Turbo Boost

Adding greens to any meal will greatly

BY Peter Viele

Leafy greens for a salad on  a cutting board. Kale, spinach, microgreens, and lemon
Leafy greens for a salad on a cutting board. Kale, spinach, microgreens, and lemon

Adding micro, leafy and powdered greens to any meal will greatly increase nutrients

The azaleas are blooming, the buds are bursting, and the green Earth is returning to life in the warm spring breezes. Spring is an invigorating time of renewal and with it, it’s typically a time to get motivated to eat healthier.

After a winter of heavier foods, holiday indulgence and broken New Year’s resolutions, get a little spring back in your step by starting with the greens.

Microgreens have been trending for a couple of years and for good reason. According to a study by the U.S. Department of Agriculture, microgreens can harness five times the amount of nutrients, by weight, than full-grown leaves of the same plant. These nutrient-dense greens, full of anthocyanin, carotenoids, phytonutrients and vitamins C, K and E with very low-calorie implications, pack a punch of flavor too. They are easily incorporated into everyday meals or can be simply noshed by the handful.

Smoothies are also a great place to get a dose of green. Blending a handful of kale or spinach with some tropical fruits makes the bitterness more sweet and palatable. Salads also don’t have to be drab, lifeless afterthoughts. Get inventive and make salads pop with savory Southwest, Mediterranean or Asian-inspired ingredients to trick the kids into getting a helping of green nutrition.

From the old standbys like kale, spinach and kohlrabi to arugula, collards and cabbage, there are myriad options to add to a healthy meal. Some lesser-known varietals are as equally nutritious to explore, like mache, chard, mizuna and dandelion greens.

In times when fresh greens are not available or even advisable because of contamination concerns, there are dozens of powdered green supplemental options available online and in stores.

Nutritional Value of Greens

Arugula: Contains provitamin A, carotenoids and vitamins B9 and K. Also rich in dietary nitrates.

Beet Greens: Contains 220 percent of the Daily Value (DV) for vitamin A, 37 percent for potassium and 17 percent for fiber. Also contain the antioxidants beta-carotene and lutein.

Cabbage: Contains up to 85 percent of the DV of vitamin K, 54 percent for vitamin C and a healthy dose of folate and manganese. Used in fermented sauerkraut, which can aid in gut health.

Collard Greens: Contain calcium, vitamins A, B9 (folate) and C and are an excellent source of vitamin K, which aids in blood clotting and a healthy bone structure.

Endive: Contains 72 percent of the DV for vitamin K, 11 percent for vitamin A and 9 percent for folate. A great source for kaempferol, an antioxidant that may reduce inflammation, according to some studies.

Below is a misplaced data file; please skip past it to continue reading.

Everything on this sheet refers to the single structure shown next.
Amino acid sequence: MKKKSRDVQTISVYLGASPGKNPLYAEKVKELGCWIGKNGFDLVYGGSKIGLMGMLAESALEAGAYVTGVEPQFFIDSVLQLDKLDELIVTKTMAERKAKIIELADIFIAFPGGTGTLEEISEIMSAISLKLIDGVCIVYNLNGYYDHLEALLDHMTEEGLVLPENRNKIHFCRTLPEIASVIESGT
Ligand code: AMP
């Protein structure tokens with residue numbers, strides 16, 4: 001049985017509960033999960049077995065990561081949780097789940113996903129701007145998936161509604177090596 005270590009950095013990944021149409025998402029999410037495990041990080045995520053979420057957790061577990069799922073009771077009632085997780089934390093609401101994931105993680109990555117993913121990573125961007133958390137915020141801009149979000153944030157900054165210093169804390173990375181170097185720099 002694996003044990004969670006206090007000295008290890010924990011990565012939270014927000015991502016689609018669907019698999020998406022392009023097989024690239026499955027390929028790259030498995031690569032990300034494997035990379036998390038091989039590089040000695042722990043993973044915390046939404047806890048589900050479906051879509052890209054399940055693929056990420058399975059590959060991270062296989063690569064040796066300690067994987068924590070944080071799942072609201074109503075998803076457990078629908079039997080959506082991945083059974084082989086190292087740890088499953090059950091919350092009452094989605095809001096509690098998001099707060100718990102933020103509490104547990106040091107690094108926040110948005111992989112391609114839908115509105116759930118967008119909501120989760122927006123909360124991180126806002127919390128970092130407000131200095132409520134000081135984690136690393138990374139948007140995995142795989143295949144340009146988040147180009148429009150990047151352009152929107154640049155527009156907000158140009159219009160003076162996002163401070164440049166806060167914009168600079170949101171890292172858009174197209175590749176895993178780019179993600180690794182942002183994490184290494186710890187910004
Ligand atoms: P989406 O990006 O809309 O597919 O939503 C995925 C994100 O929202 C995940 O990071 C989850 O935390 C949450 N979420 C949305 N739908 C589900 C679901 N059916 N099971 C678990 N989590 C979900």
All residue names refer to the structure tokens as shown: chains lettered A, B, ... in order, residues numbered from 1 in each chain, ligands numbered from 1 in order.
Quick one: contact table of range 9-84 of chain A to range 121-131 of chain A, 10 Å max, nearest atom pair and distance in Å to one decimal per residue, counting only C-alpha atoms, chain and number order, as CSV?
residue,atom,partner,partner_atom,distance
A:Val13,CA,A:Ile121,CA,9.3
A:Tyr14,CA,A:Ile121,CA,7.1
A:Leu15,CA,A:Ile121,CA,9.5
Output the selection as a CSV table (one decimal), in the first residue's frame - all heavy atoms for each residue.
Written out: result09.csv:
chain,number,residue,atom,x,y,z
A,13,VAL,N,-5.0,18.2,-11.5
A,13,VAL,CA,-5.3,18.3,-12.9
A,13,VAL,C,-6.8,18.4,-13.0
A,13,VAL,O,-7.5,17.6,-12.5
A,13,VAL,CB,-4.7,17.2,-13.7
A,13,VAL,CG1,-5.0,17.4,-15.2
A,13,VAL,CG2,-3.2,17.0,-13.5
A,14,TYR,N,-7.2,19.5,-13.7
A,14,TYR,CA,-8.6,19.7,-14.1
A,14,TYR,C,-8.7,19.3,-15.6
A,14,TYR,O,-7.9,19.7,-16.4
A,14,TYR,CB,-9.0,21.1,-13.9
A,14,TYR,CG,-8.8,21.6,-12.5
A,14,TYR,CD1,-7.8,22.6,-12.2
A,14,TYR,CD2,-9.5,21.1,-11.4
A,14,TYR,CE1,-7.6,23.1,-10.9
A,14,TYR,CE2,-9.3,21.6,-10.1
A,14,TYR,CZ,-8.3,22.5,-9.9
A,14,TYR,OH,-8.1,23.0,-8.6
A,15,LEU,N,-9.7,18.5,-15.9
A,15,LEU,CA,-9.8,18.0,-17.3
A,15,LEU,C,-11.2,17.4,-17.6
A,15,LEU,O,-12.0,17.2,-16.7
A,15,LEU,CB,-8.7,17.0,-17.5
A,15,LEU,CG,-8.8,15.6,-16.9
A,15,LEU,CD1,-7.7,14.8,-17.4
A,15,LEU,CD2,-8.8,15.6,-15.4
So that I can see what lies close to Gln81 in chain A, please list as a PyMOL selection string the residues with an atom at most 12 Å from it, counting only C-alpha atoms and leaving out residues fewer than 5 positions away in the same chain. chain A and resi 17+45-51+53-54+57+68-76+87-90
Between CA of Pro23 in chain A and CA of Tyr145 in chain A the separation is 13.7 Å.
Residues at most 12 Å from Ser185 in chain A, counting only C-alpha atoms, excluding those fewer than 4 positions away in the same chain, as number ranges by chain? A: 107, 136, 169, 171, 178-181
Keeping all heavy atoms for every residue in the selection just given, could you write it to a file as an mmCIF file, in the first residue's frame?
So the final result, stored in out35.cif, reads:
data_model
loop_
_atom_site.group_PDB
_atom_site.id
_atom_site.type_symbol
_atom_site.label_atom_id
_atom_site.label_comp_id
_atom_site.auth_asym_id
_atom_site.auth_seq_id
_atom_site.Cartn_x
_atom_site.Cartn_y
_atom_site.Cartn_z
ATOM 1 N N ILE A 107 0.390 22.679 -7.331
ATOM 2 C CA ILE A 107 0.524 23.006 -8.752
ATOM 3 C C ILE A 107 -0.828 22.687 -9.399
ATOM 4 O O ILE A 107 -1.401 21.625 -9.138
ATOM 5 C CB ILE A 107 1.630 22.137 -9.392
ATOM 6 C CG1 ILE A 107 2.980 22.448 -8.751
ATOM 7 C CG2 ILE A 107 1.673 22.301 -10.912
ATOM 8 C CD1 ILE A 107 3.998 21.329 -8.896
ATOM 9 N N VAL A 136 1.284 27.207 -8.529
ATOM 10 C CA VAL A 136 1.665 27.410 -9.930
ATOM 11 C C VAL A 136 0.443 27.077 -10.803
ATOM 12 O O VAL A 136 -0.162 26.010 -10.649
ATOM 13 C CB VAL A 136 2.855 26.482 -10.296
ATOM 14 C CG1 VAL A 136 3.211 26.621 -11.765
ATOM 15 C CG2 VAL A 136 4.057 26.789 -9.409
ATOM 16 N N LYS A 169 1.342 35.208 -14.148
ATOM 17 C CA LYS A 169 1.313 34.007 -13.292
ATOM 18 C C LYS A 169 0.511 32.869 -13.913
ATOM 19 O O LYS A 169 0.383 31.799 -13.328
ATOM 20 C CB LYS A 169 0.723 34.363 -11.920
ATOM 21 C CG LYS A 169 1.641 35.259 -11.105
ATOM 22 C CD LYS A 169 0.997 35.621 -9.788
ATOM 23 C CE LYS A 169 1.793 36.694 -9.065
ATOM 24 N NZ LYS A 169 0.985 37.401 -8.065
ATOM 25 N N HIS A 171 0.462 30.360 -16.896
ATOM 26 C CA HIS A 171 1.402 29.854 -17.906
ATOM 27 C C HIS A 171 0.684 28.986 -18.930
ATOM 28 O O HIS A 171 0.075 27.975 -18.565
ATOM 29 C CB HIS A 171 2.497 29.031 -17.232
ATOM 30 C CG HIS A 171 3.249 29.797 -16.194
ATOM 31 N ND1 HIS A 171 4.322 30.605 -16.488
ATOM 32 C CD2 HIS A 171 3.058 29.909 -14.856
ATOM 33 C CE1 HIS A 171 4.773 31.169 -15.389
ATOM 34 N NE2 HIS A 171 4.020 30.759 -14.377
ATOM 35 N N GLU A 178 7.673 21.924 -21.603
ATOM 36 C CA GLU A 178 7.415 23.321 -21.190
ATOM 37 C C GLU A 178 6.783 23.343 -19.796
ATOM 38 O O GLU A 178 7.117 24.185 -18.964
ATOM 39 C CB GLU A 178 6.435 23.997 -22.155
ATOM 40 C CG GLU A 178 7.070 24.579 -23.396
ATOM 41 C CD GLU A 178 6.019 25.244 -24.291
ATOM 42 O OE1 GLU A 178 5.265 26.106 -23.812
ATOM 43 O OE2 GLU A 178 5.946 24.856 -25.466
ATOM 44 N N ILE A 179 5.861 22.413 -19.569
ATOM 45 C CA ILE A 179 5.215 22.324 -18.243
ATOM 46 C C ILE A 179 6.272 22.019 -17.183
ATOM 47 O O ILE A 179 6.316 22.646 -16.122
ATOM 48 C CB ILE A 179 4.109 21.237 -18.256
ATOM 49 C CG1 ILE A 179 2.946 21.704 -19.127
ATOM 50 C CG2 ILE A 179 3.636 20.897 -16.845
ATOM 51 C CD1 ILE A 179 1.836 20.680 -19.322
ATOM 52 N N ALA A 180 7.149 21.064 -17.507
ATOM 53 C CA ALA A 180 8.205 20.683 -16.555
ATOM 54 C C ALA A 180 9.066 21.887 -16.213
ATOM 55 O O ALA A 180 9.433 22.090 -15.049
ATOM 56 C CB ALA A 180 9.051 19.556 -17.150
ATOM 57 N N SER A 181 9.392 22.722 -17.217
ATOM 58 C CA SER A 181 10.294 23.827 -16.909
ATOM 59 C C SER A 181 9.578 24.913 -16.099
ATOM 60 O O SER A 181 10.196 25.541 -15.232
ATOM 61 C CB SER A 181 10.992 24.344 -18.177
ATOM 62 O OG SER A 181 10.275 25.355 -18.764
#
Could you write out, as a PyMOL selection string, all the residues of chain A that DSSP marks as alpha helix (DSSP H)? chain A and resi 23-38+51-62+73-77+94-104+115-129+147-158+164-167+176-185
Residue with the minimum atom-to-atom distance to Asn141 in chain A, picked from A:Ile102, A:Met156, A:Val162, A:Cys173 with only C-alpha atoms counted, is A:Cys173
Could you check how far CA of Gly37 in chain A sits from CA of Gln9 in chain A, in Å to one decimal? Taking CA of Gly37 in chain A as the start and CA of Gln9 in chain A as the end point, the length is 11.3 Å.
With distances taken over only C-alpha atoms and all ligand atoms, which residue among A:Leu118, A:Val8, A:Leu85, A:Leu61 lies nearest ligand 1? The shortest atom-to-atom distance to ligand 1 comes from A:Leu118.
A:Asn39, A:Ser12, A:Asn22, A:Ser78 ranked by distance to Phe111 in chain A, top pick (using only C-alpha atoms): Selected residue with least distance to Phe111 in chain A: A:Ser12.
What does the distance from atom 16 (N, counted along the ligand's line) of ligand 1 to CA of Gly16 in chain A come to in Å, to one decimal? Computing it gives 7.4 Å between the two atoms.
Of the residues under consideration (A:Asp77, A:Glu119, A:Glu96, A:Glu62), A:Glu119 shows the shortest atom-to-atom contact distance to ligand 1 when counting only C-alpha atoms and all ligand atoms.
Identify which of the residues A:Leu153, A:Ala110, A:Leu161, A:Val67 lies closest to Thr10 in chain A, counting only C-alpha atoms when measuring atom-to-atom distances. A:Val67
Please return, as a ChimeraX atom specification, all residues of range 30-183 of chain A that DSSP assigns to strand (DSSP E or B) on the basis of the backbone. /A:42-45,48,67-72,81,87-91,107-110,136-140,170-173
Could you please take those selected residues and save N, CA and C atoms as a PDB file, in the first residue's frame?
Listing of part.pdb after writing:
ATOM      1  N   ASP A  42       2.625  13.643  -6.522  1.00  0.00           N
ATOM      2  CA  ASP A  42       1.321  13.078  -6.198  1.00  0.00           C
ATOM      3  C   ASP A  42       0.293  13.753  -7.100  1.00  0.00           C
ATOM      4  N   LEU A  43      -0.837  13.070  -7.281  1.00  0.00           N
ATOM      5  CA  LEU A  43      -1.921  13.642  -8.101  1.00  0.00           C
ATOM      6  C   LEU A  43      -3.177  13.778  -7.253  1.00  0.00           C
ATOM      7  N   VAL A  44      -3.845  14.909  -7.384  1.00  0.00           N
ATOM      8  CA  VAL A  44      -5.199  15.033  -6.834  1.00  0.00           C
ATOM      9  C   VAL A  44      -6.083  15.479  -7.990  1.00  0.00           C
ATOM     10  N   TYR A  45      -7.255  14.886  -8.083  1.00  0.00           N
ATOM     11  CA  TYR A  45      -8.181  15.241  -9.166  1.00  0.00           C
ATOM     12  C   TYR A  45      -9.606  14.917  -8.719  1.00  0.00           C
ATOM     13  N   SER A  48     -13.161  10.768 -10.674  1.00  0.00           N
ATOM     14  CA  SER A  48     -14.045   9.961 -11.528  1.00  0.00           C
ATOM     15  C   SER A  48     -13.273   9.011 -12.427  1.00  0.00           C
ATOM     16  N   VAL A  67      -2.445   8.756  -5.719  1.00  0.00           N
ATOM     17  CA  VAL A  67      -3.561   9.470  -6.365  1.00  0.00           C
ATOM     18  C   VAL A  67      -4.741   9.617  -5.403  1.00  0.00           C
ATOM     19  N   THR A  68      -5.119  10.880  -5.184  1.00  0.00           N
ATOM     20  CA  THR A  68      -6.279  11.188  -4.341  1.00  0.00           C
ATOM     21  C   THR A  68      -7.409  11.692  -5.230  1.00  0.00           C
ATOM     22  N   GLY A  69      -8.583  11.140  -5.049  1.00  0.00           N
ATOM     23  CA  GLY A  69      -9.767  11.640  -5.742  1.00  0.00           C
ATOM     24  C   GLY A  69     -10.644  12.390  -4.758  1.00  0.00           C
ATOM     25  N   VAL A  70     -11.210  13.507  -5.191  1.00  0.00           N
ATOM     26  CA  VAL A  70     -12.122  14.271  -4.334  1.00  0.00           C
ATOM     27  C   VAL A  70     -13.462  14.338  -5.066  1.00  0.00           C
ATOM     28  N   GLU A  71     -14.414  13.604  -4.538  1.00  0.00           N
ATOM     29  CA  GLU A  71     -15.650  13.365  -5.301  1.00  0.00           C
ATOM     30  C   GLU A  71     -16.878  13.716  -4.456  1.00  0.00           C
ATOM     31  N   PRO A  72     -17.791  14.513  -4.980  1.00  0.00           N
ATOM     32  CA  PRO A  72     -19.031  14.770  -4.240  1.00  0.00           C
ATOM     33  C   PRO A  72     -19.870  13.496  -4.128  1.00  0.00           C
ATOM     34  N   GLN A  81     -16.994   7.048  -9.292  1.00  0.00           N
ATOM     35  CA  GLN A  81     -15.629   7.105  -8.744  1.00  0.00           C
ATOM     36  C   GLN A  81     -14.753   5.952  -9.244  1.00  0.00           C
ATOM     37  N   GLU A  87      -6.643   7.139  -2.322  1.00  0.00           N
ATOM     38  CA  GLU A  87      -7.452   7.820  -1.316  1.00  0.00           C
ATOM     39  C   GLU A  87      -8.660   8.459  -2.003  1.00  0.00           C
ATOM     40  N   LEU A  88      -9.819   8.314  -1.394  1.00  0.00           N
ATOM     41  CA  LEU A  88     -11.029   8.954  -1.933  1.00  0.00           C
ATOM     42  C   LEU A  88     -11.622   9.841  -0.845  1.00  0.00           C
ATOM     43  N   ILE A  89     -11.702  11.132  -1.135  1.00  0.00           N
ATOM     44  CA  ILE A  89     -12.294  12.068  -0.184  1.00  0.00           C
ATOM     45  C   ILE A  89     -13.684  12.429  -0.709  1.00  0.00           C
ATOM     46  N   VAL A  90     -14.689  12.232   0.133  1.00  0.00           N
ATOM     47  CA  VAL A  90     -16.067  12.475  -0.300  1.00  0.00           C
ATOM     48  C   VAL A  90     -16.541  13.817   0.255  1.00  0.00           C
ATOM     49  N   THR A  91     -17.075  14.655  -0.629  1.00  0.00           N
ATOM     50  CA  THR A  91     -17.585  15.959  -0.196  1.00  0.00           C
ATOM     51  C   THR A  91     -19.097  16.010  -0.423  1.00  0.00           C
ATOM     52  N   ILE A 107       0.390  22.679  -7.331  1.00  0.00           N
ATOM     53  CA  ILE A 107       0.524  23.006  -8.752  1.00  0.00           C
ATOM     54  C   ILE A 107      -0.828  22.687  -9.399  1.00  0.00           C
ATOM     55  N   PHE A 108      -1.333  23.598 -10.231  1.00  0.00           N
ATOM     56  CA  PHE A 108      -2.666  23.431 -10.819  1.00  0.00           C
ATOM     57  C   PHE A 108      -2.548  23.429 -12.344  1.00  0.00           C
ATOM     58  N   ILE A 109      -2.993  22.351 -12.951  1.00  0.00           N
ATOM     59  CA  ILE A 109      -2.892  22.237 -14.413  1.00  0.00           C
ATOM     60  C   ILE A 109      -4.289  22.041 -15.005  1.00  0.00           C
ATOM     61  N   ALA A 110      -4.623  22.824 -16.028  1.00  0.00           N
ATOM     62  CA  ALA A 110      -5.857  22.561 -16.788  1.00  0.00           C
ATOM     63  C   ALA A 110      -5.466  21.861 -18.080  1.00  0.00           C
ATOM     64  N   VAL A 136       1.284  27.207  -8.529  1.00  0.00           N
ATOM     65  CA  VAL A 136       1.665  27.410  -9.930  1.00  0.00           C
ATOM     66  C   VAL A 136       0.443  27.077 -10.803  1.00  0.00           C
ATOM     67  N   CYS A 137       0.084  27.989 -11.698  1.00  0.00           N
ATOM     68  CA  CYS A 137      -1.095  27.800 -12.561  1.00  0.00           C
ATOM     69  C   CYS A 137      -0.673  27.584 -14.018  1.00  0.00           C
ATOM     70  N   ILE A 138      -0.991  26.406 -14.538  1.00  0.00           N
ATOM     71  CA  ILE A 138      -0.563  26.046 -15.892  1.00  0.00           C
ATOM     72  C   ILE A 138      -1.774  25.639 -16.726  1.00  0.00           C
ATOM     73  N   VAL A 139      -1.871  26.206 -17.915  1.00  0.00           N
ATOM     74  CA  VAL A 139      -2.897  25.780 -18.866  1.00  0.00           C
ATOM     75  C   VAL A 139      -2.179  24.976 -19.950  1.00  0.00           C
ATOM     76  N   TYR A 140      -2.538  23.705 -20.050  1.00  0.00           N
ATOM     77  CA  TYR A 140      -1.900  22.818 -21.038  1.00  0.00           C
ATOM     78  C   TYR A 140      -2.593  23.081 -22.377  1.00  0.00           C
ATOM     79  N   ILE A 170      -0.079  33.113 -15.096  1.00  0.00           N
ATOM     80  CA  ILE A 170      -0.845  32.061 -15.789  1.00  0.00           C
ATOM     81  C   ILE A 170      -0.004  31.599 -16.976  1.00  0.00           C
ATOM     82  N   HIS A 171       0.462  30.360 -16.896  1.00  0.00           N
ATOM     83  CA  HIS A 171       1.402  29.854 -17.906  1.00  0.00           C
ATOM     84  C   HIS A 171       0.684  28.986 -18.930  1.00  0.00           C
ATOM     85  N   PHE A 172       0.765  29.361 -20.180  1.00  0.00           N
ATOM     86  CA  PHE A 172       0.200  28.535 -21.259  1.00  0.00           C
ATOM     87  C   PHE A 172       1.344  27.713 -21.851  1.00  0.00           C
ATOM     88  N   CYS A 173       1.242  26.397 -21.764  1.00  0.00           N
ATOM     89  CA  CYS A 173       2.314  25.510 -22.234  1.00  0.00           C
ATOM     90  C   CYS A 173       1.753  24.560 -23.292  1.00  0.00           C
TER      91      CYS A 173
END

Kale: Contains up to 684 percent of the DV for vitamin K, 206 percent for vitamin A and 134 percent for vitamin C, along with antioxidants like lutein and betacarotene, which may reduce the risk of diseases caused by oxidative stress.

Microgreens: Contain up to 40 times more nutrients than their full-grown versions, including vitamins C, E and K. Very low calorie, pound-for-pound.

Spinach: Contains up to 181 percent of the DV for vitamin K, 56 percent for vitamin A and 13 percent for manganese. Additionally, it contains large amounts of folate.

Swiss Chard: Contains up to three times the recommended daily intake of vitamin K and 44 percent DV for vitamin A and is a good source of potassium and manganese. Features the flavonoid syringic acid.


Tropical Green Smoothie

Servings: 4


1/2 cup kale

1/2 cup microgreens (any varietal)

1 package frozen acai

1/2 cup chopped dragonfruit (frozen or fresh)

1 1/2 cups coconut milk

1/2 cup chopped pineapple (frozen or fresh)

1/2 cup chopped mango (frozen or fresh)


Add all ingredients to blender and blend until smooth.

Mediterranean Kale Salad

Servings: 4


1/2 lb. lacinto or “dinosaur” kale

1/4 lb. spinach or arugula

1 cup microgreens

1/2 cup crumbled feta cheese

1/4 cup crushed pita chips

1/4 cup chickpeas

1/8 cup chopped banana peppers


Rough chop greens. Toss all remaining ingredients together in large bowl with dressing (recipe below).


1/2 cup extra virgin olive oil

1/4 cup red wine vinegar

1 tsp dijon mustard

1 tsp fresh lemon juice

1/2 tsp honey

1/4 tsp dried oregano

1/4 tsp dried basil

Pinch of sea salt

Pinch of black pepper

Blend all ingredients with immersion blender or with a whisk.

Microgreen & Pomegranate Blinis

Servings: 4


1 cup chickpea flour

1/2 tsp salt

1 cup water

2 tsp olive oil

Olive oil for frying

1 quart microgreens

1/2 cup pomegranate seeds

3/4 cup creme fraiche

1/8 cup basil

Pinch of sea salt to season


Start by preparing the blinis. Whisk chickpea flour and salt in a large bowl. Add water and continue whisking until smooth. Whisk in the olive oil and let the batter rest for 30 minutes.

Turn stovetop on medium and brush a large frying pan with olive oil. Add 1 tablespoon of batter at a time to hot pan to make 2-inch blinis. Crisp on each side for 1 minute, like a pancake. Chiffonade basil into thin ribbons and gently blend into creme fraiche. To serve, top the blinis with a teaspoon of creme fraiche, then gently top with large pinch of microgreens and 1/2 teaspoon of pomegranate seeds to each blini. Season plate of completed blinis with sea salt.

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